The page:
No sound came from inside the room and after half a minute or so, I knocked again – louder this time. Glancing at my wife, I noted a hint of desperation in her eyes as she and Schitt launched into another chorus of ‘Get Yer Nob Aht, Yer Naugh’y Boy’. Then a noise from within brought my attention back to Kessler’s room: thud – thud – thud. Someone, or something was walking slowly towards the door. Preparing myself for the worst, I leaned back and kept one hand on my weapon in readiness.
The door handle rattled, twisted and finally clicked as the door itself began to move. The dimly-lit corridor in which we stood told me the room beyond must be in darkness, as no tell-tale shaft of light shimmered across the landing carpet as the door swung open.
“Hello?” I ventured.
“Ah, Doctor Watson, I presume?” The person who’d opened the door stepped into the light and held out a hand in greeting.
I blinked several times. The woman standing before me was…
No, that can’t be right (I told myself). While my brain fought to fit the pieces of this bizarre jigsaw together, I became aware the singing had stopped, and sensed (rather than saw) that the mouths of my colleagues had either dropped open, or were fully in contact with the floor in utter amazement.
“You?” I spluttered, stupidly.
Inspector Schitt was the first to pull himself together. Leaping forward, he grabbed the woman’s arm with one hand and began pressing her breasts with the other. “Get them orf, yer bloody cow, get them orf now!”
“Schitt!” I barked, seizing the inspector’s shoulder. “What the hell are you doing, man?” Pulling him back into the corridor, I threw him against the wall. Immediately, the man’s knees gave way and he sank to the floor.
“Oh-my-God-they’re-fucking-real,” he spluttered, covering his face with his hands. “They’re real and I touched them. Oh my God.”
Turning round, I faced the newcomer again. Taking a deep breath, I said, “Doctor Hirsch. How nice to meet you, at last.”
Judith’s hand still hovered in mid-air, so I shook it as firmly as a man can when he’s just had the metaphorical shit kicked out of him. In doing so, I noticed the small scratches her fingernails left on my palm as she withdrew her slim fingers, and the somewhat enlarged and pointy canine teeth on each side of her mouth as she smiled demurely.
“I’m afraid I can’t invite you in, Doctor Watson, as I’ve–”
But I did not wait for her to finish that sentence. My years of observing Sherlock Holmes at work has taught me many things, one of which is the ability to evaluate any situation instantly. I took in the woman’s identity, the darkness of the room, her unwillingness to invite us in and the unmistakable transformation that was even now advancing upon her heavenly, but very dangerous body. Within a split second I knew what I must do. Pulling out my gun, I charged forward, knocking Judith to the floor.
“Johnny, what are you doing?” I heard Mary shout behind me, but I was already inside and determined to get the upper hand while there was still time.
In the half-light from the corridor, I was able to make out the few items of furniture in the room – a bed, two chairs and a wardrobe, but it was the window I was interested in. The blind had been pulled down, blocking out any light from outside. As I stood staring at the window considering the implications of ripping the screen away, I perceived a low guttural snarl from somewhere in the shadows of the room. Whirling round, I discerned a familiar shape crouching against the far wall. It was the shape of a man, but as I watched in horror, the arms began to extend, its legs became thickened and matted with fur and the head twisted sideways as the jaws extended and its teeth grew into the unmistakable outline of a wolf.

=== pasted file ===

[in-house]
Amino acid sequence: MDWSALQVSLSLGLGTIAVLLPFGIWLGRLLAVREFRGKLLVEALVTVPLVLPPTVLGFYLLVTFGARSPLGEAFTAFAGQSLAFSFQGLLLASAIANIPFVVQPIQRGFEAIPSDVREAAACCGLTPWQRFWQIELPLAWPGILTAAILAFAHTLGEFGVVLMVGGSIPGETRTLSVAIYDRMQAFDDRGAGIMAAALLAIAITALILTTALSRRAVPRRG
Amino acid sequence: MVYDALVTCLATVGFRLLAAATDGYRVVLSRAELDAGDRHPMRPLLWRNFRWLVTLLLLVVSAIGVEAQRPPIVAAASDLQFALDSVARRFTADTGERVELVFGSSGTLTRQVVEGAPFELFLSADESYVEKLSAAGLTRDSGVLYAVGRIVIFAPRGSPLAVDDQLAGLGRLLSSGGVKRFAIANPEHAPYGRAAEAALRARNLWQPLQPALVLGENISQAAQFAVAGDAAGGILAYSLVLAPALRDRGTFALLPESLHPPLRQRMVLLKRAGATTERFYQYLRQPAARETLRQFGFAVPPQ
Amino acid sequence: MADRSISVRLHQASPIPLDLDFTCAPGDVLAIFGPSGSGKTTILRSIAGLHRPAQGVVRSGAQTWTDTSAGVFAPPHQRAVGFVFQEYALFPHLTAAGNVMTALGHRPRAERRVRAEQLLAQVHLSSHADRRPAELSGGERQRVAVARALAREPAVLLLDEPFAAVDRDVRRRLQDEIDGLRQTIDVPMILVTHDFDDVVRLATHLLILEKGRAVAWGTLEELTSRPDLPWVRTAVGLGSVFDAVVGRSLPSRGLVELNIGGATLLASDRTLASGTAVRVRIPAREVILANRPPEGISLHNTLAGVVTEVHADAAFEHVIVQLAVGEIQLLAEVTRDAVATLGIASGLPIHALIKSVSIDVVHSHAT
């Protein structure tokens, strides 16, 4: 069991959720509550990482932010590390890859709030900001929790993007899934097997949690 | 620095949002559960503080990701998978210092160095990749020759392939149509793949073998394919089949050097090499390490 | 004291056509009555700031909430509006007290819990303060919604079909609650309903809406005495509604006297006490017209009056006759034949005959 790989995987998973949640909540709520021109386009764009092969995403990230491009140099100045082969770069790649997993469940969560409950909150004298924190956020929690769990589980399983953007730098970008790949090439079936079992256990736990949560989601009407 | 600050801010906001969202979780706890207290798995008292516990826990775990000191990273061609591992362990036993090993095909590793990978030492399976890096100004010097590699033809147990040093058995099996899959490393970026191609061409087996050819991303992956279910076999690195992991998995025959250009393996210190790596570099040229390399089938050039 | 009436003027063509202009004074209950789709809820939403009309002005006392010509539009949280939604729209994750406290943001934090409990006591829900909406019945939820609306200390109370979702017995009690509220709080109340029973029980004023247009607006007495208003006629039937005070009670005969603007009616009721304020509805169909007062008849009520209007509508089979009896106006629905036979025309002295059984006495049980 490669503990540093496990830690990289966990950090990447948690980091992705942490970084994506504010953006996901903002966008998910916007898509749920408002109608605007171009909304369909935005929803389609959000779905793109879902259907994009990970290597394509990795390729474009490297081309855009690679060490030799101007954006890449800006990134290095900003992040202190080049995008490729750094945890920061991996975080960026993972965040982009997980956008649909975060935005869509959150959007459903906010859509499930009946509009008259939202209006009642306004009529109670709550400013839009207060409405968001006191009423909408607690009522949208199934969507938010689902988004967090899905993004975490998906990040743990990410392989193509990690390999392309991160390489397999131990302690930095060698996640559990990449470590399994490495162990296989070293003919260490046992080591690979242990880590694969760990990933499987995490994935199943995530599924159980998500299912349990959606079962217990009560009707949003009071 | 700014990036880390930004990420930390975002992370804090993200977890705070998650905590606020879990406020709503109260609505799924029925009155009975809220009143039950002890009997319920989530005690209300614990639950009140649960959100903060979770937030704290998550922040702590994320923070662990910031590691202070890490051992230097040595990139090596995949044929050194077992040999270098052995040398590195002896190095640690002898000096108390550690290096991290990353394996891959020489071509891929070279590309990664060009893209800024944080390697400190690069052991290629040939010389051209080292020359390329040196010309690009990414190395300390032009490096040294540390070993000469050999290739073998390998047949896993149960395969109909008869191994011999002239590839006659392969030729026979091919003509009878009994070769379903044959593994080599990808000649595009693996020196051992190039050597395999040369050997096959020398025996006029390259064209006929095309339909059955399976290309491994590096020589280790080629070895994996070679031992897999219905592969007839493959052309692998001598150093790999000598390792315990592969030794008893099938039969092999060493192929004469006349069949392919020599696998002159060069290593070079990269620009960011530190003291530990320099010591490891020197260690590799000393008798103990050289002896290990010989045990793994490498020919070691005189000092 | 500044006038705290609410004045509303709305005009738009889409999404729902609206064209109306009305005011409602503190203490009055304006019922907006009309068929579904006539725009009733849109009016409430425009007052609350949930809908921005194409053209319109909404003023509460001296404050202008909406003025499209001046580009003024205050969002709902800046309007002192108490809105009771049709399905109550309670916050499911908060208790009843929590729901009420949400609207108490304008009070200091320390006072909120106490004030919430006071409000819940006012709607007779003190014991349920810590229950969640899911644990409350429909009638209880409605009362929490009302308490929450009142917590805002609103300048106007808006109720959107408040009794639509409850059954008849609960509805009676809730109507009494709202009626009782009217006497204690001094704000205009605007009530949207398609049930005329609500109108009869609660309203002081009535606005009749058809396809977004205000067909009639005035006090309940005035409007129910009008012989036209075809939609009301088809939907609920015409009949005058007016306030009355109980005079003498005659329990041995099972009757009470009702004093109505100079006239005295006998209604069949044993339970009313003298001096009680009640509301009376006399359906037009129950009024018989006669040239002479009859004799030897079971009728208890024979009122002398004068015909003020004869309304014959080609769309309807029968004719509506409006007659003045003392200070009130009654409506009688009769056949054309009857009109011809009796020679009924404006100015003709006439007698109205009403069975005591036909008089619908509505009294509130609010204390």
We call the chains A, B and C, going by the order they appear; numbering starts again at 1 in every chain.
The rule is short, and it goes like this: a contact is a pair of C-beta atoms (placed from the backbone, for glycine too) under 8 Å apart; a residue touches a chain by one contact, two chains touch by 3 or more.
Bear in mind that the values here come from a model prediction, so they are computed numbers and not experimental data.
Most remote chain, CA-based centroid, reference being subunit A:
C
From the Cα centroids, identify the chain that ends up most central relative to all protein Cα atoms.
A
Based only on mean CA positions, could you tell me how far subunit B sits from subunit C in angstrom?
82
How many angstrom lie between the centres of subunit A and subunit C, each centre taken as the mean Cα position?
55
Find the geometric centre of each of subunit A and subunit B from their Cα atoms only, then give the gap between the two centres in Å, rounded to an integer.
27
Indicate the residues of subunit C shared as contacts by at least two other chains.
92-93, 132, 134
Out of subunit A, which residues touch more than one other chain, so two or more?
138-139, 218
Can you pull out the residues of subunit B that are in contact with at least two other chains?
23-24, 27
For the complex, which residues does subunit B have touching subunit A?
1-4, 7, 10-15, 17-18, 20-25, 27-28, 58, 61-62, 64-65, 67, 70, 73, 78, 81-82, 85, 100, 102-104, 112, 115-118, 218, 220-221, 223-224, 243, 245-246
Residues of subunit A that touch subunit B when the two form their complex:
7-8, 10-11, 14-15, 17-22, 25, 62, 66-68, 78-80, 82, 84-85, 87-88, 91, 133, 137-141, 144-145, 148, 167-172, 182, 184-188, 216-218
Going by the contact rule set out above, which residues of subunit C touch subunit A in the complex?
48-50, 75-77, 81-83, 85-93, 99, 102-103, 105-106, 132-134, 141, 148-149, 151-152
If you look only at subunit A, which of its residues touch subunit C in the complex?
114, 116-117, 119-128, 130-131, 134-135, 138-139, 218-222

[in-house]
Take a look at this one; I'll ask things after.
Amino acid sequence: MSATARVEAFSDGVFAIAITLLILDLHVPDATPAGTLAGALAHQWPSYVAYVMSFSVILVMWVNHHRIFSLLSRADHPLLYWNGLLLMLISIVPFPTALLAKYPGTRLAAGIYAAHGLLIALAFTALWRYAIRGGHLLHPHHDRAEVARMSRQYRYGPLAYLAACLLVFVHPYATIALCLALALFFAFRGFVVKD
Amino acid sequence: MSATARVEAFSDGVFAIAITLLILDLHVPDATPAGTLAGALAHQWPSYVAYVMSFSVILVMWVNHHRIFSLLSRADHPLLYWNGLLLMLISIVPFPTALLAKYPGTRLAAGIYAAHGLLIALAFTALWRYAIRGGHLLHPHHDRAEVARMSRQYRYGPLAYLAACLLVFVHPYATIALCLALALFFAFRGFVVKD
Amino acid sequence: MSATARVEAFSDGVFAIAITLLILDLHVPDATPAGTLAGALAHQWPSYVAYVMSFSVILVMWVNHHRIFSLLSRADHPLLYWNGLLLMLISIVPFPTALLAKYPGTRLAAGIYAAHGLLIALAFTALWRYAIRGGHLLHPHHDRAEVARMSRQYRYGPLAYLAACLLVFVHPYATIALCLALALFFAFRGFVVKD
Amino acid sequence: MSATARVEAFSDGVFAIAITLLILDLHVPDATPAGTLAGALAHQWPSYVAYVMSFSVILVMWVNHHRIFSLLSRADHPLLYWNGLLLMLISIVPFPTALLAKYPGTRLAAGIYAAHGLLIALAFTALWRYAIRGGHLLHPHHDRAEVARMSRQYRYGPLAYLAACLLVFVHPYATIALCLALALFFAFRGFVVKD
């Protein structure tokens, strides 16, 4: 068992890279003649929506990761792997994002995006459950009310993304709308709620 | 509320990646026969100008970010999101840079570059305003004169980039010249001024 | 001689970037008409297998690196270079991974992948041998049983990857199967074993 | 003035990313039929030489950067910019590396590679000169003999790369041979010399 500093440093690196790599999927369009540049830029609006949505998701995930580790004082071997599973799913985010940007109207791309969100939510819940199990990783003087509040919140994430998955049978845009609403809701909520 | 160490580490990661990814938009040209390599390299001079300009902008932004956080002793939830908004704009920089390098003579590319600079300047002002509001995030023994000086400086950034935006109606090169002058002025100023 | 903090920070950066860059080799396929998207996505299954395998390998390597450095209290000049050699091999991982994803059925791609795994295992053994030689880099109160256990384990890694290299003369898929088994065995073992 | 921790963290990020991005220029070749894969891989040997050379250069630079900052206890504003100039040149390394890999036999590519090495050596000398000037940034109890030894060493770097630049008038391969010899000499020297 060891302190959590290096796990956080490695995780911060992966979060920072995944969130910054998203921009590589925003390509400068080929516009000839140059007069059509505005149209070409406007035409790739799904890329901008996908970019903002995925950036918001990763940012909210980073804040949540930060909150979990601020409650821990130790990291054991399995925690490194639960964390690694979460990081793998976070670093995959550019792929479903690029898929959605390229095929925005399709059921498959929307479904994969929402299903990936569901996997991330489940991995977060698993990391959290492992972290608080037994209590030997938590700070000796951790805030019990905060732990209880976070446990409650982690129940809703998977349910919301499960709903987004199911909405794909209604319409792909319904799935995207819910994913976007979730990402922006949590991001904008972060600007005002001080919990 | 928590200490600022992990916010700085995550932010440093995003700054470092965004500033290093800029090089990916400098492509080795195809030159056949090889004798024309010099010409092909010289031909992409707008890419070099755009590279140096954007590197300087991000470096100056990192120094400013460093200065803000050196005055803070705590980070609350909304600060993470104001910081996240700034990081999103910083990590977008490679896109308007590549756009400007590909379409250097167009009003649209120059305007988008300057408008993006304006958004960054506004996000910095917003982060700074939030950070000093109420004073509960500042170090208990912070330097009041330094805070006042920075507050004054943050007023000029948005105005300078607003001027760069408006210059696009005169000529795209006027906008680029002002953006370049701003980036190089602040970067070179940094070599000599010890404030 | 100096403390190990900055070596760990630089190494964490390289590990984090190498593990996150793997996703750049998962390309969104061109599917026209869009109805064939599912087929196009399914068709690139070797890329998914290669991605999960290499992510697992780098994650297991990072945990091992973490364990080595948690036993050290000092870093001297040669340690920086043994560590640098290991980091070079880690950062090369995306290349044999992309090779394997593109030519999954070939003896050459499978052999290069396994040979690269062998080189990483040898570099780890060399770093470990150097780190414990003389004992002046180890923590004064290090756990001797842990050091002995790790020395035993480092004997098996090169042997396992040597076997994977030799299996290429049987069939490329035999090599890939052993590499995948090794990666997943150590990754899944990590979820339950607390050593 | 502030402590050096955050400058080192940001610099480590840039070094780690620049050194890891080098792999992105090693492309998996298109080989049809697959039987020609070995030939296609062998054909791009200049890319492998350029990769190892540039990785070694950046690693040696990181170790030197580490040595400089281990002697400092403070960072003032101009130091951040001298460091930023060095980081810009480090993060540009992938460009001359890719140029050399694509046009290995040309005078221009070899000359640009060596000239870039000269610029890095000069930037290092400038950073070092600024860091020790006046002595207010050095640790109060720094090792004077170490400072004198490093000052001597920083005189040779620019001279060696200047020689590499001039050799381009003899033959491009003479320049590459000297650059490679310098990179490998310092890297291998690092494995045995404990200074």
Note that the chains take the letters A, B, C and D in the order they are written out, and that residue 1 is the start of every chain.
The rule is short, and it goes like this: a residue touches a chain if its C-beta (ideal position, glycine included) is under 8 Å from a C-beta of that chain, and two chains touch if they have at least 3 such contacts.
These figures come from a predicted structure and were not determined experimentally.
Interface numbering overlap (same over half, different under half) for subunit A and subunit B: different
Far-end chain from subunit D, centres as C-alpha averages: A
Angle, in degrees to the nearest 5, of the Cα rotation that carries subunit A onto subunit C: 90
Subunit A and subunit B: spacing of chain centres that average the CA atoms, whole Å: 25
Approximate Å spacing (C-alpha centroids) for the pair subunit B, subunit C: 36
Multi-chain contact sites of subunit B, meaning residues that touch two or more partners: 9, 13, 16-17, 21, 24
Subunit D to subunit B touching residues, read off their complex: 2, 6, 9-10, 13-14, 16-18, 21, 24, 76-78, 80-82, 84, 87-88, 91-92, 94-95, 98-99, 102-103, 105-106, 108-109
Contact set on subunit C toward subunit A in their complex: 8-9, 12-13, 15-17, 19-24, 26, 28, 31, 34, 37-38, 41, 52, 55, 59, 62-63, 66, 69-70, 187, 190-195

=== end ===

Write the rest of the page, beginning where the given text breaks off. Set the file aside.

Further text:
Raising my gun, I prepared to pull the trigger, but before I could act, Inspector Caddy threw himself against me and we crashed to the floor in a tangled heap of arms and legs. Looking up into his face, I witnessed a look of utter joy slide across his face.
“No Johnny,” he whispered. “You can’t kill her – she’s gorgeous.”
With a superhuman effort, I pushed him off me and struggled to my feet. “I wasn’t going to kill her, you stupid prick – I was going to kill him.” And I pointed to where the creature had been standing only seconds before, but of course it had gone. In the same instant this information entered my brain, a resounding crash told me the werewolf had thrown itself through the window.
Suddenly the room was full of people – Lestrade and his men ran to the shattered window, Mary and Schitt helped Caddy to his feet and Sherlock Holmes stood in the doorway, hands on hips and looking distinctly annoyed.
The only other person in the room was Judith Hirsch, who was now leaning against the wall, arms folded. She shook her head at me. “And there was me thinking Mister Holmes had you all wrong, Doctor. It seems you really are a total dick.”
“Inspector Lestrade,” I said, feeling my face flush scarlet, “arrest that woman.”
Holmes removed his false wig and mask, allowing it to dangle against his chest. Holding out a hand to prevent Lestrade slapping the ‘cuffs on Miss Hirsch, he said, “Don’t do that, old bean, we wouldn’t want to upset out American friends now, would we?”
A familiar churning sensation began to make itself known in my stomach. “No?” I said to Holmes, “and why’s that, then?”
Holmes smiled sardonically. “Watson, Lestrade, I’d like to introduce you to Miss Kate Warne, of Pinkerton’s Detective Agency.”
I bit my lip. “Kate Warne?”
The woman nodded.
“Of Pinkerton’s Detective Agency?”
She nodded again.
“That’s the Pinkerton’s Detective Agency in Chicago?”
“That’s the one,” she said, giving me a sly wink.
“Oh,” I said. “Shit.”